The Government of Bangladesh entered into a collaboration with the German Federal Ministry for Economic Cooperation and Development (BMZ) in July 2020 to implement the Deutsche Gesellschaft’s “Sustainability in the Textile and Leather Sector” (STILE) project für Internationale Zusammenarbeit (GIZ) GmbH in the ready-to-wear (RMG) sector. A series of programs including the promotion of occupational safety, environmental protection and social dialogue have been implemented under this project to improve compliance with social and environmental standards in the textile industry, clothing and leather in Bangladesh.
Launch of the Mili program
Bangladesh has come a long way since the Rana Plaza collapse and the Tazreen tragedy, which enveloped the industry, raising serious questions about compliance. The country’s garment industry has grown since the tragedies and bold steps have been taken to strengthen occupational safety and health with initiatives such as the National Workmen’s Compensation Insurance Scheme and Insurance against industrial accidents (EII), as well as the formation of the Agreement on the safety of fires and buildings. in Bangladesh and the Alliance for Bangladesh Worker Safety. Several programs promoting workers’ rights and security, trade unions, minimum wages and job security have also been introduced since.
Just Style takes a closer look at ‘Mili’ which responds to the communication component of the STILE project.
The Communication component of STILE uses awareness, information and education campaigns to improve compliance with social and environmental standards. It also includes women’s cafes and capacity development measures centered on factory committees.
The drama series “Mili” was born out of the need to initiate social dialogue between workers and management, to circulate knowledge about labor and human rights, while allowing employees to advocate for the compliance with social and environmental standards. The project focuses on preparing management and factory committees to address the complex issues facing their workers while strengthening communication channels at the same time.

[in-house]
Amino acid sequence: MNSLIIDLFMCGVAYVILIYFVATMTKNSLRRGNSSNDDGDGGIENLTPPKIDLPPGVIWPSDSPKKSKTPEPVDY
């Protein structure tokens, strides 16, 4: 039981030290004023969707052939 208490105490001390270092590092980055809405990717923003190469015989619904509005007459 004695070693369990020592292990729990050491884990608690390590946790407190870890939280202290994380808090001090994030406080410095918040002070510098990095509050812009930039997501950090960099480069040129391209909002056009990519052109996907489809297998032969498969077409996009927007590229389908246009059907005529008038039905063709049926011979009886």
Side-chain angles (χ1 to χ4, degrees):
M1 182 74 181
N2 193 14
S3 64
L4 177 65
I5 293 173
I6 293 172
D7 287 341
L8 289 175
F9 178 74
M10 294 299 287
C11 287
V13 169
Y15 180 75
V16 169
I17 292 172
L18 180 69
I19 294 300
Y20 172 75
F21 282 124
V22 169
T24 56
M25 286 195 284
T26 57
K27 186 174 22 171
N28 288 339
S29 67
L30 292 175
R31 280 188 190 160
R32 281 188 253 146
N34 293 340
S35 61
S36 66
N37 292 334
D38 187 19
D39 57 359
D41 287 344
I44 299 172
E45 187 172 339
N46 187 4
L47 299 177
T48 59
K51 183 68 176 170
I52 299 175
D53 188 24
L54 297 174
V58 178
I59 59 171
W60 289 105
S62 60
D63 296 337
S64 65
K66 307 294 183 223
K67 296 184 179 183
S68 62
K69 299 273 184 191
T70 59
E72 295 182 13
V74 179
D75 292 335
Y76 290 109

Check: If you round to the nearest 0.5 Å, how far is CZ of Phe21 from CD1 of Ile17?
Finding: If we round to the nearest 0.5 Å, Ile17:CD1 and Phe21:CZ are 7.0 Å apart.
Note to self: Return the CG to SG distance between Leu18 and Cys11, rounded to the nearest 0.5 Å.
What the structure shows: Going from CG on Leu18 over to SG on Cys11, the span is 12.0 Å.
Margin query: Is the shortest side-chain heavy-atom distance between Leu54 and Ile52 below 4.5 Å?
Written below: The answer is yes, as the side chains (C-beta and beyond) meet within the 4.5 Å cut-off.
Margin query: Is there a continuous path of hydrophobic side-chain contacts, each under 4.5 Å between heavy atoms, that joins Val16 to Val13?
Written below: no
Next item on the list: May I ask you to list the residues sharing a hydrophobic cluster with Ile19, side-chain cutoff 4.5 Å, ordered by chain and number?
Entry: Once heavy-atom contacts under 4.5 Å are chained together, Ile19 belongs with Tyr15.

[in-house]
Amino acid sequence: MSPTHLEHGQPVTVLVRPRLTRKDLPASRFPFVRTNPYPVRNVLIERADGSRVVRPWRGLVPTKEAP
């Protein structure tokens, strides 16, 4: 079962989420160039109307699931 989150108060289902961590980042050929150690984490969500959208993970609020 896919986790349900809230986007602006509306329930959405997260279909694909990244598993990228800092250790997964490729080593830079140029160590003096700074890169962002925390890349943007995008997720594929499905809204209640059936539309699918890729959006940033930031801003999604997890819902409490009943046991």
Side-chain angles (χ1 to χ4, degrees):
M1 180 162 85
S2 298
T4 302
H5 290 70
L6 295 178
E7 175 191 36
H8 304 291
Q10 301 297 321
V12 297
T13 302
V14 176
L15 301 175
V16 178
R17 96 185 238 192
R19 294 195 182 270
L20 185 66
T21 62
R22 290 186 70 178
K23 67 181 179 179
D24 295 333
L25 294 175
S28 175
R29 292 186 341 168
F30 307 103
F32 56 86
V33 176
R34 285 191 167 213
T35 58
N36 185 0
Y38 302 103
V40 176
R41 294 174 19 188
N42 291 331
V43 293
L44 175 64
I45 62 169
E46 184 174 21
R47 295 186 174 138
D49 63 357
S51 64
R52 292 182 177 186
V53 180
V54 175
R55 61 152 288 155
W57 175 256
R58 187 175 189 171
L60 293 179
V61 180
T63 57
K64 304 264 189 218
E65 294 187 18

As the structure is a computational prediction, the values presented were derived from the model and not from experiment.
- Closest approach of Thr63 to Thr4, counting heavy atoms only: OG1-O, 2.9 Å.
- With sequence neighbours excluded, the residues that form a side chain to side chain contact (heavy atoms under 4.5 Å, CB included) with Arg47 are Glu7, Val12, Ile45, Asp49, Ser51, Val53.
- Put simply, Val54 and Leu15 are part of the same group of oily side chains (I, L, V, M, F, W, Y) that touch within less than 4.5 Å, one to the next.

Gaps have been identified in the industry using reference materials and media behavioral studies conducted with said target group. As Nakib Rajib Ahmed, Deputy Team Leader and Program Advisor at RedOrange Media & Communications explains: “There were no well-established communication channels between workers and management or between women workers in general. The reality is that male workers still have a working understanding of social media and mobile compared to females.
“Another fairly obvious shortcoming was that most factory owners focused on ‘business development’ and ‘meeting production goals’ rather than human rights or labor issues. welfare of workers who are often left unaddressed. If managers are not experienced enough to identify such issues, they are not reported to management.
Mili: a creative solution to improve dialogue in the clothing industry
As a creative solution, the drama series titled “Mili” was created, depicting the life of garment and textile factory workers in its rawest form. The series revolves around a group of garment workers from different backgrounds and backgrounds who work in the same factory. Their daily struggles in the personal and professional sphere are told in the story as well as how they deal with them, including the committees and management people they can contact. This audio-visual medium, as testimonials say, is more attractive to workers because they can emotionally connect to it and draw parallels with it in their real life.
However, this was not the only support provided. Through the project’s multi-stakeholder partnership, around 12 women’s cafes have been established by NGOs, usually close to where the workers live and work. Not the conventional cafes serving drinks, but a place where workers mingle and socialize after work. It has become the focal point for workers not only to communicate, but also a support center where they can work towards building their capacities. The NGO runs soft skills development programs such as training on workers’ legal rights, negotiation and communication skills. This is mostly done with the help of the infotainment drama series “Mili”.
Women’s cafes are also working to provide personal support, adds Anneke Magendans, communication team leader at STILE. “Workers can share and seek help with family issues, domestic violence, etc. with managers and coffee coordinators. Legal advice and advice on matters is also given in case it is needed.